My 8/24/08 Missoulian column
Internet search engines such as Google, Yahoo! and MSN help us find news, blogs, people, hiking boots, definitions of words and collectible widgets. Even hackers use search engines to find vulnerable Web sites. The term “search” – as both a noun and a verb – has become ubiquitous, and “Google” has entered the lexicon as a generic term like Kleenex and Xerox.
Search is invaluable to users like you and me, but it’s also big business. Search engines make money by selling clickable advertisements and by drawing eyeballs to their “portals,” Web pages that also provide links to other services. Some portals are so crammed with news and personals that search seems to be an afterthought.
But how do search engines work? It isn’t magic, but requires a lot of money, hardware and software, as well as very high-capacity “pipes” to the Internet.
The basic concept behind search is to create an index of what’s available on the Web. Search engines build and maintain extremely large and complex computer networks to catalog the Internet and respond to your queries any time of day or night. Indexes are based on words in Web sites and documents, file names, etc. – wherever a particular word exists online, regardless of context, it will end up in an index.
Google supposably has around three-quarters of a million to a million personal computers spread around the world in data centers, arranged for speedy access and redundancy in case undersea cables are cut or satellites go dark. Google uses fast, desktop-style PCs because they’re inexpensive to install and easy to change out when they die.
When you search for something, Google doesn’t send a query out right then to find what you’re looking for. It refers to its vast pre-built index of the Internet. The job of indexing the Internet is done by “bots,” automatic software critters that traverse the Web “reading” sites. The bots are called “spiders” – a play on the term World Wide Web – and they work 24/7, collecting information as fast as they can to compete for market share with other search engines, as the best results will bring a user back to the same site.
Spiders can work reasonably slow, too. The growth of the number of Web sites is such that even Google, with all its vast computing power, sometimes can only visit a Web site once a month or less. According to Internet services company Netcraft, there were more than 175 million Web servers online in June, with a growth rate of about 3 million a month, so the number of Web sites is actually more.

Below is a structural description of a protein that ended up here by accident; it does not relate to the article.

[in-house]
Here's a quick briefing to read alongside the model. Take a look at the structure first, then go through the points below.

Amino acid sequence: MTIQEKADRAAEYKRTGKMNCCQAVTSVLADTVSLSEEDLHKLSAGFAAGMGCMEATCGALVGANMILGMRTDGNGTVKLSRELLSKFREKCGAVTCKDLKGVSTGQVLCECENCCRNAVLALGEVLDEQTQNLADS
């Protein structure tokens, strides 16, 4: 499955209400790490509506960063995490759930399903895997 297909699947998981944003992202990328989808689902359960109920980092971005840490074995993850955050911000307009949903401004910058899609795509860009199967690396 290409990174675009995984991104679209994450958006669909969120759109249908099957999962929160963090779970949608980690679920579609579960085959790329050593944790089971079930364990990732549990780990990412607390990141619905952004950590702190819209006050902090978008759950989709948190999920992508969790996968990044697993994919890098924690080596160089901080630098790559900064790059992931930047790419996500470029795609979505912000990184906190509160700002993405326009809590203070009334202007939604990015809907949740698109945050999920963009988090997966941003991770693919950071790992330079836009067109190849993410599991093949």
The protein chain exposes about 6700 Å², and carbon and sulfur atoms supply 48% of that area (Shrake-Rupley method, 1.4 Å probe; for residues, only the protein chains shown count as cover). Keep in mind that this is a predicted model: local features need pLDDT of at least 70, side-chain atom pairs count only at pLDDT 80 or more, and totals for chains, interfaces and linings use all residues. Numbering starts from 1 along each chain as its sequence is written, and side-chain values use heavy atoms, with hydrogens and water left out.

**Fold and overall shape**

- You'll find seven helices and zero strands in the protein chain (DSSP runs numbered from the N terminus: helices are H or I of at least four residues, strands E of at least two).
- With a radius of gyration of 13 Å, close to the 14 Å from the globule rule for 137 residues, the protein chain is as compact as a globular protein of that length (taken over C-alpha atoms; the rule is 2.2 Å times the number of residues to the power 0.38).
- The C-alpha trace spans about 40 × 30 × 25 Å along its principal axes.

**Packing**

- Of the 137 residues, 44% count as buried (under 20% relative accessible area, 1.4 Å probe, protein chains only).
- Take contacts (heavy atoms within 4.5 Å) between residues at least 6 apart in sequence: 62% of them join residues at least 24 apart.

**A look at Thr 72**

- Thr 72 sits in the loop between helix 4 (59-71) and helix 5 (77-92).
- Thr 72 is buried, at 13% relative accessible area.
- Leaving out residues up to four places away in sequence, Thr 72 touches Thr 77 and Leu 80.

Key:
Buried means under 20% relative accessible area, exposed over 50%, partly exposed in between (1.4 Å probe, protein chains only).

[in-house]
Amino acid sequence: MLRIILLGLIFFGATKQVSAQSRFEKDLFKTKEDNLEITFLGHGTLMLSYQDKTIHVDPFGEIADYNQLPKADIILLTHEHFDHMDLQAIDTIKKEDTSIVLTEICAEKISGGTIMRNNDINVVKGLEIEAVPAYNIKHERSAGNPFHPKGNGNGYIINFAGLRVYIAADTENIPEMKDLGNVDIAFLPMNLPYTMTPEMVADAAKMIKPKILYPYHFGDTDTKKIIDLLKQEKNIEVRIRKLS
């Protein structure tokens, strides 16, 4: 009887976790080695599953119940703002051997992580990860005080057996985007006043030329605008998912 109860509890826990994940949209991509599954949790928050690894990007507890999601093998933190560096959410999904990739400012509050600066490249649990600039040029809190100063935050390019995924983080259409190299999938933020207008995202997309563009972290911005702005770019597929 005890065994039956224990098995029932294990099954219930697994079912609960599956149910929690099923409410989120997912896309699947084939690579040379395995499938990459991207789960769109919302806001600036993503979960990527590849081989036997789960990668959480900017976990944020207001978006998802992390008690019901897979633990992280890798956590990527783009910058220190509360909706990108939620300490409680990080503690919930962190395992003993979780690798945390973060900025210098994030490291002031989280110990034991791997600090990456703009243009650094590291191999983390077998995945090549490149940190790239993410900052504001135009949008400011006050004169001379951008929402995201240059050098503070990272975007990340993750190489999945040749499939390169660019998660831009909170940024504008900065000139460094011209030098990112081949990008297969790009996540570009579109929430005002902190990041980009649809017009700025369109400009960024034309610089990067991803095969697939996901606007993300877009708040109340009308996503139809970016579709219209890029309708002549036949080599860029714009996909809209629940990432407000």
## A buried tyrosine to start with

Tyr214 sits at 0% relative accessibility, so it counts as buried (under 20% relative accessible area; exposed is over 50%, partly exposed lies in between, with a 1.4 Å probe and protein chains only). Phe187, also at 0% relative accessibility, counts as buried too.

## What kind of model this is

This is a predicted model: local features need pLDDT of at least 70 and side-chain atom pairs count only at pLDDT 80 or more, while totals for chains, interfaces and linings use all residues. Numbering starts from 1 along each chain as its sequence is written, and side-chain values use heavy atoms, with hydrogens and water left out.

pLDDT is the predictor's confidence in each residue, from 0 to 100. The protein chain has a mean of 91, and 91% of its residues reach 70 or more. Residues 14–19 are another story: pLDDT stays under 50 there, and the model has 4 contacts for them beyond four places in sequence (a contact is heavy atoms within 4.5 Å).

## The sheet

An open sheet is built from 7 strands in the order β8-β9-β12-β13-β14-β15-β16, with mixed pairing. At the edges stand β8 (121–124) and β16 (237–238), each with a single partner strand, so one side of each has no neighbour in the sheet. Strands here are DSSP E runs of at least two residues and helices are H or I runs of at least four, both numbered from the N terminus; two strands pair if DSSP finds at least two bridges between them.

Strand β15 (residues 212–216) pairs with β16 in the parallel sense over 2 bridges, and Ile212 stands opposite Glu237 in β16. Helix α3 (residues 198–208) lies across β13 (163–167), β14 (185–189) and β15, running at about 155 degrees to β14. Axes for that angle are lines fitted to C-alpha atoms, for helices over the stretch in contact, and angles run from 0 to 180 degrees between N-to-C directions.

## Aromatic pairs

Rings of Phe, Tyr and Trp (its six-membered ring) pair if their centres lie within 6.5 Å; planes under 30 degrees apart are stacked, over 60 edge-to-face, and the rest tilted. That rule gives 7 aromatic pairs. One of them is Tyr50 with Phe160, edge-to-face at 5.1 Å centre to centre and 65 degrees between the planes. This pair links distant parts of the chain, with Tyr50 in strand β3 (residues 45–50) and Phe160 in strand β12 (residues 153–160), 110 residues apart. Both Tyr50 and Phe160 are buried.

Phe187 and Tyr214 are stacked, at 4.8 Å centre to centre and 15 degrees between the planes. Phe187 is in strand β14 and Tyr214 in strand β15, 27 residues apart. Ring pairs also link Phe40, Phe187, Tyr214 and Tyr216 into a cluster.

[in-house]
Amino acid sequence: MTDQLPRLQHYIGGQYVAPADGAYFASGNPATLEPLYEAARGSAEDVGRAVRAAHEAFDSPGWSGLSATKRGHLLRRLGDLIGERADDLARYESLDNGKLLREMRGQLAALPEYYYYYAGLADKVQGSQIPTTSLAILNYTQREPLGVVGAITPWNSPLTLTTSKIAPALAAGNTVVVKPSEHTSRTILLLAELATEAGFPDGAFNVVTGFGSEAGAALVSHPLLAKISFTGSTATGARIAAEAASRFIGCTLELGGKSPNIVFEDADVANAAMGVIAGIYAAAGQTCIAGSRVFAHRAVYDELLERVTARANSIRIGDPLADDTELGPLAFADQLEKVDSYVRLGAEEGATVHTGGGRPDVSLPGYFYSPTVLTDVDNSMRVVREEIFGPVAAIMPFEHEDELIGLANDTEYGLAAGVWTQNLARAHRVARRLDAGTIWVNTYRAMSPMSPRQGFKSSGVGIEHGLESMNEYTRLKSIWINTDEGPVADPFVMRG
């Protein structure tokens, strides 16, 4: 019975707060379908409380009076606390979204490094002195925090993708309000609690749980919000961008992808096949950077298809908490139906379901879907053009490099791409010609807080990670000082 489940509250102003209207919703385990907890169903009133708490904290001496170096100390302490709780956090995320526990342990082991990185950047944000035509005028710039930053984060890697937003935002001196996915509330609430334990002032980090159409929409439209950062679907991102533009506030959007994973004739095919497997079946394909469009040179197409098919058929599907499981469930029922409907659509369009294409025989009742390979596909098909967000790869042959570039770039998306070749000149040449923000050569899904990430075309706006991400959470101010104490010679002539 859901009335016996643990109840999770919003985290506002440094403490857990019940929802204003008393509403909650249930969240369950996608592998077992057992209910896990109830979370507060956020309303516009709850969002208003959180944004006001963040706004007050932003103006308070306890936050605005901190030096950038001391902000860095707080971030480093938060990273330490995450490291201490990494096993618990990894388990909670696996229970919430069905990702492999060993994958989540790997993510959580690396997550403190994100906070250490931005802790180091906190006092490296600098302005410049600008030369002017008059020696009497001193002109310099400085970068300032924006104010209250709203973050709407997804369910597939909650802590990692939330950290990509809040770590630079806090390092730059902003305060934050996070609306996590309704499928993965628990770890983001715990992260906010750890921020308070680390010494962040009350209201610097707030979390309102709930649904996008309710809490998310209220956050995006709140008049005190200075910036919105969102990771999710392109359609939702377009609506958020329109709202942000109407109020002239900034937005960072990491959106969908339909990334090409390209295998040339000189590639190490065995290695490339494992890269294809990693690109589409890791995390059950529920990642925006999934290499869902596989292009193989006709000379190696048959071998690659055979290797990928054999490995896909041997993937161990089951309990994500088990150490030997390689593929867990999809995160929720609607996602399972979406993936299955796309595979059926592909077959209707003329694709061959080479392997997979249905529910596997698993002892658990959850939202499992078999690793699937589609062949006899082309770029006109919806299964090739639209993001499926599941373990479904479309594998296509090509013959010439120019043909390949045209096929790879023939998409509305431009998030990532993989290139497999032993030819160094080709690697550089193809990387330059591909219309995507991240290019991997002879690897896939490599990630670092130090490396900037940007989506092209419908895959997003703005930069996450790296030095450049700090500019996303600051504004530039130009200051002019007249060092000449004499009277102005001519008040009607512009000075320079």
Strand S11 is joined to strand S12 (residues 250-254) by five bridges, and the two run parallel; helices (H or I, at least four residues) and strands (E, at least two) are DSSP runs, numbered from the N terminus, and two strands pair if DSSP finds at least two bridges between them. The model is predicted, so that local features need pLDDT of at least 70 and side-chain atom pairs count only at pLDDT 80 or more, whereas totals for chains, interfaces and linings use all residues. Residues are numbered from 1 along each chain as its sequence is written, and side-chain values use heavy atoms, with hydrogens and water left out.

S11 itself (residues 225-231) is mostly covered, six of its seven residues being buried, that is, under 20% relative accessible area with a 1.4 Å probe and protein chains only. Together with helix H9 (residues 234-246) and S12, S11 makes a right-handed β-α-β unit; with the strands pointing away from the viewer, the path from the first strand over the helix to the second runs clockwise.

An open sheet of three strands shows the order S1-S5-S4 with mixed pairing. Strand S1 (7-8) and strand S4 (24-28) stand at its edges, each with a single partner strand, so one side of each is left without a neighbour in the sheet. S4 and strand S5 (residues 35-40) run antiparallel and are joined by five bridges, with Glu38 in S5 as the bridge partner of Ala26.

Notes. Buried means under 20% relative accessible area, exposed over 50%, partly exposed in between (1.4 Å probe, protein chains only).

Some early search engines – like the old Yahoo! – operated on indexes compiled by people rather than spiders. While there are still some human-generated indexes around, modern Internet users want access to everything – Web sites, images, documents, databases – so a search engine must constantly update by spider to keep up.
These days, Google is the search leader, accounting for nearly 70 percent of search traffic. Google has a leg up on Yahoo! and other search engines – even a one called Cuil (pronounced “cool”), which was supposed to be a “Google killer” but failed miserably – because of its search algorithm, the complex method by which its index is developed.
The algorithm is a corporate secret, except for the way search results are ranked, called PageRank: Sites at the top of the list are there because other sites are linked to them, the idea being that a Web site with other sites pointing to it should be more important and relevant than a loner.
Let’s say there are two Web sites that have similar content, one called Gadget Montana and the other Made in Montana Gadgets. If you manage Gadget Montana and have other quality sites link it – such as the National Gadget Association and International Gadgets – or have blogs or news stories mention it and your competitor doesn’t, there’s a good chance Google will rank your site higher after its spiders see the difference in links. Now, “a good chance” is the key phrase, as other factors come in to play. The best way to rank high in Web search is to have high-quality, original content that is rich with links. There once were ways to game how high your site ranked, but most don’t work anymore.
Unless you’re savvy enough with technology to know how to block them, nothing much escapes a spider. Most are “nice” in that they will respect the two primary ways you can control their crawl of your site, through “robots.txt” files or “.htaccess” files (that leading dot is important). Some spiders aren’t nice and will grab your content for what I call “bottom feeder” sites, which use excerpted text and images to promote clickable ads and make money.
The next big step in search engine technology is called “semantic search.” For the user that means getting more relevant results because the search engine understands the context of the word, not just its existence on a Web site.
With semantic search, a search for “Montana Gadgets” would bring back results for gadget manufacturers and dealers in Montana, and not results for tween singer Hannah Montana and the gadgets she sells, regardless of how popular she might be. For more reading on this subject and when it might become a reality, try Googling “semantic search.”